BlueFire Ethanol (OTC: BFRE.pk) has released further information about its up to $40 million grant from DOE's cellulosic ethanol grant program to develop a solid waste biorefinery using their concentrated acid hydrolysis process at a landfill in Southern California.
The Southern California Biorefinery Project will turn green waste and wood residues at landfills into about 19 million gallons of fuel grade ethanol per year. Additional products that will also be sold include lignin, gypsum, and yeast. BlueFires's current production estimates for the project will be significantly lower that DOE's cellulosic ethanol goal of $1.07/gal in production costs by 2012, and DOE's current estimate of approximately $2.26/gal.
Construction is expected to begin by the end of this year with start-up expected on or before the end of 2009. Because it's process captures the more potent greenhouse gas methane as part of its process as well as provide renewable fuel, BlueFire will reduce greenhouse gases that cause global warming.
This grant give BlueFire and its process a lot of creditability. Their projected cost figures help clear the air about where we are heading in ethanol costs and provide an optomistic outlook about the cellulosic ethanol industry. These costs, being less than half of current ethanol cost, are bad news for the corn ethanol producers.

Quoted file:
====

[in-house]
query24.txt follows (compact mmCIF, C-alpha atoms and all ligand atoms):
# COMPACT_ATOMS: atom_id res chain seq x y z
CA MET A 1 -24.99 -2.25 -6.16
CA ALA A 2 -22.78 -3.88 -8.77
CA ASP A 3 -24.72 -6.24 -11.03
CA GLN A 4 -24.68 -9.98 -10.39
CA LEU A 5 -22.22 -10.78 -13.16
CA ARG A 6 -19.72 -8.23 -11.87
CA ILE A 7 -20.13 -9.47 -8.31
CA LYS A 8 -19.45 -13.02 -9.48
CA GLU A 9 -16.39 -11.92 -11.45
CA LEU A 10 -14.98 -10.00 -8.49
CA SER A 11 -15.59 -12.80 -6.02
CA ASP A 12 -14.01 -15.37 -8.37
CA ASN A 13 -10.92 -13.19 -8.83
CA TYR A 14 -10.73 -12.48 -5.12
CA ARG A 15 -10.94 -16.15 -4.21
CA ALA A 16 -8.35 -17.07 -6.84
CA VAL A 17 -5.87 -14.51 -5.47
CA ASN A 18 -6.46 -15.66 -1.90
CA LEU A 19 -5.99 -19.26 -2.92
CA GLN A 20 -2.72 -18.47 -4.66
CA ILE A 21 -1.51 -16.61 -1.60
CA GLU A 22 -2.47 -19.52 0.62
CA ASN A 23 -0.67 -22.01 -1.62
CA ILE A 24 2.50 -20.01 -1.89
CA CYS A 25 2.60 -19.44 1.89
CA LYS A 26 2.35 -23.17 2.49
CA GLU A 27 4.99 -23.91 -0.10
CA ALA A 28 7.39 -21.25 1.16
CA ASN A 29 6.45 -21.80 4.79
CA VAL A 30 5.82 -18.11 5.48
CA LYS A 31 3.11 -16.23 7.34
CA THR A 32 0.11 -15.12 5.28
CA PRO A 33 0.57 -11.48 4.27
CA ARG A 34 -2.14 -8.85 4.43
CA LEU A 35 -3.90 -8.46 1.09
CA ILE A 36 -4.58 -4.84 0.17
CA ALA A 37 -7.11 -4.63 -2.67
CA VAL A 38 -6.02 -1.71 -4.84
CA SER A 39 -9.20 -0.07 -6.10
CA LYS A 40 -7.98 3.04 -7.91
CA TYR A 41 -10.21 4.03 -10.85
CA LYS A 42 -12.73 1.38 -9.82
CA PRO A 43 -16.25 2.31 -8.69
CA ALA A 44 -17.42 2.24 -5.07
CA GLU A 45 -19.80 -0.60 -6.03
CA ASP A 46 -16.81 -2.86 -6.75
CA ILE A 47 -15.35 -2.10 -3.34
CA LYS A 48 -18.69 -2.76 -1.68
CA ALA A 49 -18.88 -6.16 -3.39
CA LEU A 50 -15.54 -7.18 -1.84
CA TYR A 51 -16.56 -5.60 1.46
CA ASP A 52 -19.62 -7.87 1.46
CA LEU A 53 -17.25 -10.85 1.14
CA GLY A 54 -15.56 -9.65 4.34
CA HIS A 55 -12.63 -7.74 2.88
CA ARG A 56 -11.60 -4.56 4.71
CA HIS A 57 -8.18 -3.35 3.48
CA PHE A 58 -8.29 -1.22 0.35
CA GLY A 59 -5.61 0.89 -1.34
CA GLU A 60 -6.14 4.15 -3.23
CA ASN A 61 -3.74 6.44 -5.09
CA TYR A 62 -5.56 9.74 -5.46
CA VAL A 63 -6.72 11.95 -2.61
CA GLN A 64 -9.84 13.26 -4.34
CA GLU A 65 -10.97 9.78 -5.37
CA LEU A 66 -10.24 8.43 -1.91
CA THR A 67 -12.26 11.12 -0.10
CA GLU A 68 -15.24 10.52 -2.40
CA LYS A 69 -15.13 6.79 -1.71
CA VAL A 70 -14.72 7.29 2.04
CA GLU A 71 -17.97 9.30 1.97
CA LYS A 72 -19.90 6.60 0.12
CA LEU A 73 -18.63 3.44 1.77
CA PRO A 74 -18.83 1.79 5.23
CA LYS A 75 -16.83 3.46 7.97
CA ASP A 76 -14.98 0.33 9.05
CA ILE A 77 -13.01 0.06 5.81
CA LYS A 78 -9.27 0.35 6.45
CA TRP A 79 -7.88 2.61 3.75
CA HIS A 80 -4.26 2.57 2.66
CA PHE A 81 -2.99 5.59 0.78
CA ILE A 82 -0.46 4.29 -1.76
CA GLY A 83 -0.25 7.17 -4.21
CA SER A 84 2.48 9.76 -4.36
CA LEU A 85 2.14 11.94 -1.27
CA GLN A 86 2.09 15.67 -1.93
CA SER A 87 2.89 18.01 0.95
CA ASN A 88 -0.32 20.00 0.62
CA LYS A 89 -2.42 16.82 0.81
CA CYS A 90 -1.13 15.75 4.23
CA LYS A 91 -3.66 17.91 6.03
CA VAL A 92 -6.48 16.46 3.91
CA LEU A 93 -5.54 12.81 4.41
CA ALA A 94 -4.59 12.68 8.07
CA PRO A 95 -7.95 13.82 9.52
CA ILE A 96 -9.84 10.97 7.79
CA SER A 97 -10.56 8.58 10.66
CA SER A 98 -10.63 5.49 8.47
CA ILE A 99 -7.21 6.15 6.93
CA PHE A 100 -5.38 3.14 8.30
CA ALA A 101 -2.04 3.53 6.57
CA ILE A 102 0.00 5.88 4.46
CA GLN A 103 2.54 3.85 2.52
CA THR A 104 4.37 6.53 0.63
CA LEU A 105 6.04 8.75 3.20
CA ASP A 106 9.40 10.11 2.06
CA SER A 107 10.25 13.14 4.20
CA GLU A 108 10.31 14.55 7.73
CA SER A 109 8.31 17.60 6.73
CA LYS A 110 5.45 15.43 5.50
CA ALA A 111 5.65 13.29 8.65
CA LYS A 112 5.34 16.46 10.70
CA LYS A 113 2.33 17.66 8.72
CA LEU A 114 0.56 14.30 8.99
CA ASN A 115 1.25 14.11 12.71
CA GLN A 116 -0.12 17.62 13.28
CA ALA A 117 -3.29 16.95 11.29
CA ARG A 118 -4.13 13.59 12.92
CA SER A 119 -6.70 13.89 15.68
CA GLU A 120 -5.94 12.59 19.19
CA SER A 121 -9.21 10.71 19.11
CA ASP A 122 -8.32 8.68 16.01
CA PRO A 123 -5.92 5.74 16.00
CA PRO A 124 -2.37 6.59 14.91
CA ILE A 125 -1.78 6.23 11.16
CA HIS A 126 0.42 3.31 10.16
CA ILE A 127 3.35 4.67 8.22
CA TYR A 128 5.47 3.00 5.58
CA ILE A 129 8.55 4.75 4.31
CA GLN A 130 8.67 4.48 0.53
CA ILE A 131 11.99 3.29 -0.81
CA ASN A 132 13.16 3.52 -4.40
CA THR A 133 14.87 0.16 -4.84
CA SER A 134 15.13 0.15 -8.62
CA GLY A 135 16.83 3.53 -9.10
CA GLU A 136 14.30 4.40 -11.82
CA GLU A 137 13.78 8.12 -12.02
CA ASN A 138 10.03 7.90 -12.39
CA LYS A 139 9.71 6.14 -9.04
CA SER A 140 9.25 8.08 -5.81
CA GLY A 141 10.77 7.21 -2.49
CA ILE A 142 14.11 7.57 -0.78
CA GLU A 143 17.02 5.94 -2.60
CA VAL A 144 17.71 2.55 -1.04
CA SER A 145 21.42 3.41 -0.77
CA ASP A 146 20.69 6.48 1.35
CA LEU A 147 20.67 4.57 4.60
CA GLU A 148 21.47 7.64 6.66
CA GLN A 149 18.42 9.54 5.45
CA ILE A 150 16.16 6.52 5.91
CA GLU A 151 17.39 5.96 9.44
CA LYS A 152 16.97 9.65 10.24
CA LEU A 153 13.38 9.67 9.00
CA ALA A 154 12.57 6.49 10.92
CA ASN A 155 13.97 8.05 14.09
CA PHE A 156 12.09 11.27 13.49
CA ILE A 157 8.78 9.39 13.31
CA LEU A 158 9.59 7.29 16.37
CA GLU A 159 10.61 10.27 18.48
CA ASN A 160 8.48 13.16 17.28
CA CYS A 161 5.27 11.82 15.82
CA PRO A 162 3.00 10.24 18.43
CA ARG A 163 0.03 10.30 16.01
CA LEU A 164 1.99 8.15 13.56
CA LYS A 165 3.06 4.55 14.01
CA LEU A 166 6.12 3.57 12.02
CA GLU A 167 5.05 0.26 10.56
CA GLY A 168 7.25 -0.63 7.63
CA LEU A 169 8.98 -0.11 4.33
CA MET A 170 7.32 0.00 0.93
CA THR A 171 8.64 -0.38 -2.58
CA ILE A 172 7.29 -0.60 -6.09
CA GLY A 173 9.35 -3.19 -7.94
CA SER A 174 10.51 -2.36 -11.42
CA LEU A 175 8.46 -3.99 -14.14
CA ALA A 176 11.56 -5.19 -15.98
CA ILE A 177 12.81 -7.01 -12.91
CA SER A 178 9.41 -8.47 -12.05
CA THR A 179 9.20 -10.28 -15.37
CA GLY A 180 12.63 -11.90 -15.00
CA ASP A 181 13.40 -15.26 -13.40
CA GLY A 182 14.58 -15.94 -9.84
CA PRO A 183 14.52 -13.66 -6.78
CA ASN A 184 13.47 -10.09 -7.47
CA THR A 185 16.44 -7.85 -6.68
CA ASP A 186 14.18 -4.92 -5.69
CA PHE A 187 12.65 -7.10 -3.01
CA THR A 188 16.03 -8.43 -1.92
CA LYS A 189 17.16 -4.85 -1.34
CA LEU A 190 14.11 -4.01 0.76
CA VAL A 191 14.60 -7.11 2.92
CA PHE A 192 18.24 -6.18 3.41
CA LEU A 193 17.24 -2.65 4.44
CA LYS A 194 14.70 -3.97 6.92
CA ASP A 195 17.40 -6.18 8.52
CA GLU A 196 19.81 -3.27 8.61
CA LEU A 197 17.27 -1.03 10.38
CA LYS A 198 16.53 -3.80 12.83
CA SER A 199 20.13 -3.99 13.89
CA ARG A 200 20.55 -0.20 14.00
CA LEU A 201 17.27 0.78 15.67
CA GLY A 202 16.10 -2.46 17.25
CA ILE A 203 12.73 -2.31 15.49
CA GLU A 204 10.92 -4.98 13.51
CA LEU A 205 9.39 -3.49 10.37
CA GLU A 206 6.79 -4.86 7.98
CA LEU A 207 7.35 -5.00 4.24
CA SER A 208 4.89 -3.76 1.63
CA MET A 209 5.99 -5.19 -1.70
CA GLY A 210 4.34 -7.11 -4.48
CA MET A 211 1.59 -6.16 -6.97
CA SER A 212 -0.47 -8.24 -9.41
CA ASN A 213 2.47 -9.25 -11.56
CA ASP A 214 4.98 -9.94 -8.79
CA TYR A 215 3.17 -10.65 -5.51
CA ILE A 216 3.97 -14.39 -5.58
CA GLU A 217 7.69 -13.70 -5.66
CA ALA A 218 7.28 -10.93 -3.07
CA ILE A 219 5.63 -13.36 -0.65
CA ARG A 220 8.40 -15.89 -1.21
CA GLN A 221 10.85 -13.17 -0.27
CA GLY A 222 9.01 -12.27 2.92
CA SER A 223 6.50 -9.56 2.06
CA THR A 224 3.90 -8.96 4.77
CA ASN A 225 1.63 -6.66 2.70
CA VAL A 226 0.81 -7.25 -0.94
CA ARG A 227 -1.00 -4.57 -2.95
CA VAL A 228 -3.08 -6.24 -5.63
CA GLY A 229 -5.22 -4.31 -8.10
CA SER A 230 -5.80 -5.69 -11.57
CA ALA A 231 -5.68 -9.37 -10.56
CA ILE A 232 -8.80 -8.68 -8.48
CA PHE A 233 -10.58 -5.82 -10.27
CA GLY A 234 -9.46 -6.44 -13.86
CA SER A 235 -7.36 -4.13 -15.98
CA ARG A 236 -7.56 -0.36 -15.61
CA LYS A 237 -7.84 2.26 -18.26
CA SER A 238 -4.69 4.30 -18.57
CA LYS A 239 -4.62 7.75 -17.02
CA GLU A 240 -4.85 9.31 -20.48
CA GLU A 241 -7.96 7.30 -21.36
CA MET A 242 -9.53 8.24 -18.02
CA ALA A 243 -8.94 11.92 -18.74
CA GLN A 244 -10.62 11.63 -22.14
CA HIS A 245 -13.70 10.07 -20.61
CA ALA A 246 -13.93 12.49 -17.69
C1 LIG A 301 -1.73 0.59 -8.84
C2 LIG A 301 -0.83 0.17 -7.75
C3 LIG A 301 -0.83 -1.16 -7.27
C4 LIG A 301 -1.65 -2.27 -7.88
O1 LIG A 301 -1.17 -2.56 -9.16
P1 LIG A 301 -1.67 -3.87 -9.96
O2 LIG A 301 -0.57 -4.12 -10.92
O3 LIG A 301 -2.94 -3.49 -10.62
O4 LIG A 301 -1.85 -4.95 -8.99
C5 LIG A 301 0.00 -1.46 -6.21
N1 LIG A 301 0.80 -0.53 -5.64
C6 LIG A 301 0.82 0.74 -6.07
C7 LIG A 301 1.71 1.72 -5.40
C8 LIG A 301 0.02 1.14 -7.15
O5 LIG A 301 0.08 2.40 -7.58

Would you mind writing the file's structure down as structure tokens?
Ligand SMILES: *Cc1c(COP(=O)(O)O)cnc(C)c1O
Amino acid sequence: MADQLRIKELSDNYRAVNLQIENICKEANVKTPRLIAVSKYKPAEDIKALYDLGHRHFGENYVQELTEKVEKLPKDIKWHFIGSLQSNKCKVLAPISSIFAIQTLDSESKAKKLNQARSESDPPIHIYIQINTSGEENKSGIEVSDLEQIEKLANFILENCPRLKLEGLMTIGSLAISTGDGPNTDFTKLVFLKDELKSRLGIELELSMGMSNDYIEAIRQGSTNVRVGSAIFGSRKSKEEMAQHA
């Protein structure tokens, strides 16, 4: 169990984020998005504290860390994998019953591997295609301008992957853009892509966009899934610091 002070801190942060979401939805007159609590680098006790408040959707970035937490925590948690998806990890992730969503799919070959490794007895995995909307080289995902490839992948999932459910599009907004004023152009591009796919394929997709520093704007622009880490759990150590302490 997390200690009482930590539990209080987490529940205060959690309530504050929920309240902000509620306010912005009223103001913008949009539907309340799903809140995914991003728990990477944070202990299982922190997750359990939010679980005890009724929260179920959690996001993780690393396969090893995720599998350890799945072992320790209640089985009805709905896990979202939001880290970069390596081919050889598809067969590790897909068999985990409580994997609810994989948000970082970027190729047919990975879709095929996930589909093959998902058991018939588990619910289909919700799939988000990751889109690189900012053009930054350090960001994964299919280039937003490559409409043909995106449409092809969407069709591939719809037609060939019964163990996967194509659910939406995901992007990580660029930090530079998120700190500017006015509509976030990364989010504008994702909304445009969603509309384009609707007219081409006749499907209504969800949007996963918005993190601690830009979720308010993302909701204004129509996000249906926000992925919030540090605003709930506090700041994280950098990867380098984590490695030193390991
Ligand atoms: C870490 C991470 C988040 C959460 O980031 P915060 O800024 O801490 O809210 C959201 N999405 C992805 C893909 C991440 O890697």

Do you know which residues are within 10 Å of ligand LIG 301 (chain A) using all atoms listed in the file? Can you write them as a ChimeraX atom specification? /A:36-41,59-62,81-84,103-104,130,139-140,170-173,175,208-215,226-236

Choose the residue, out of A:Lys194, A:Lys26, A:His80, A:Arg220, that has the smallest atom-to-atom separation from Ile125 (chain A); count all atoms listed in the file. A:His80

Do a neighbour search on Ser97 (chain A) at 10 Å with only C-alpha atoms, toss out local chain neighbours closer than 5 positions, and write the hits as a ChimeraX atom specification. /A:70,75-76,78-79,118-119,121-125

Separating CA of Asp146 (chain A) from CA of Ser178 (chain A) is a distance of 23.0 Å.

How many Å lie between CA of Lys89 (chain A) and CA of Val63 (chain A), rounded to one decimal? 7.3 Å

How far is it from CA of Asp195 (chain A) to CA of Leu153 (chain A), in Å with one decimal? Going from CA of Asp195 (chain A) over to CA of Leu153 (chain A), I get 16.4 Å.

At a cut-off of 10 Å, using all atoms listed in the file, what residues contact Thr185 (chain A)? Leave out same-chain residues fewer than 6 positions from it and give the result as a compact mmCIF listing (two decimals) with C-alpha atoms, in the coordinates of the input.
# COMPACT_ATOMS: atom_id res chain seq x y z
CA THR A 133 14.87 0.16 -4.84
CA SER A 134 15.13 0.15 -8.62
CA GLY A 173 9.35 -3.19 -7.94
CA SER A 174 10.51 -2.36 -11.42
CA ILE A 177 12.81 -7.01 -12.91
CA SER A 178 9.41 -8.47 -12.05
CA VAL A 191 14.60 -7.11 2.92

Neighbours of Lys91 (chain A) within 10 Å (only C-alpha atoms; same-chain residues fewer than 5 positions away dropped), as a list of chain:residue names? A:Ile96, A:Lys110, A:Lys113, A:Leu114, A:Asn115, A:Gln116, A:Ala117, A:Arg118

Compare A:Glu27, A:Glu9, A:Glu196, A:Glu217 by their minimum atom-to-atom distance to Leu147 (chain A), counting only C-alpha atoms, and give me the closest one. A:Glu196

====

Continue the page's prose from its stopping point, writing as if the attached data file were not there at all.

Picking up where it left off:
According to their website their process is adaptable to a wide range of biomass including:
agricultural residues (straws, corn stalks and cobs, bagasse, cotton gin trash, palm oil wastes, etc.)
crops grown specifically for their biomass (grasses, sweet sorghum, fast growing trees, etc.),
I suspect that many of these feedstocks would result in a higher cost than for landfill wastes because there would be an added cost for the feedstock for some of them, perhaps a differant quantity of acid would be required and the byproduct value would be differant. None-the-less the landfill waste projects are significant with over 1,600 landfills in the U.S. and the differential cost for other feedstocks probably would not be that great. Using the same acid hydrolysis process for all feedstocks is a big advantage over enzymatic processes which have to tailer their enzymes for certain feedstocks.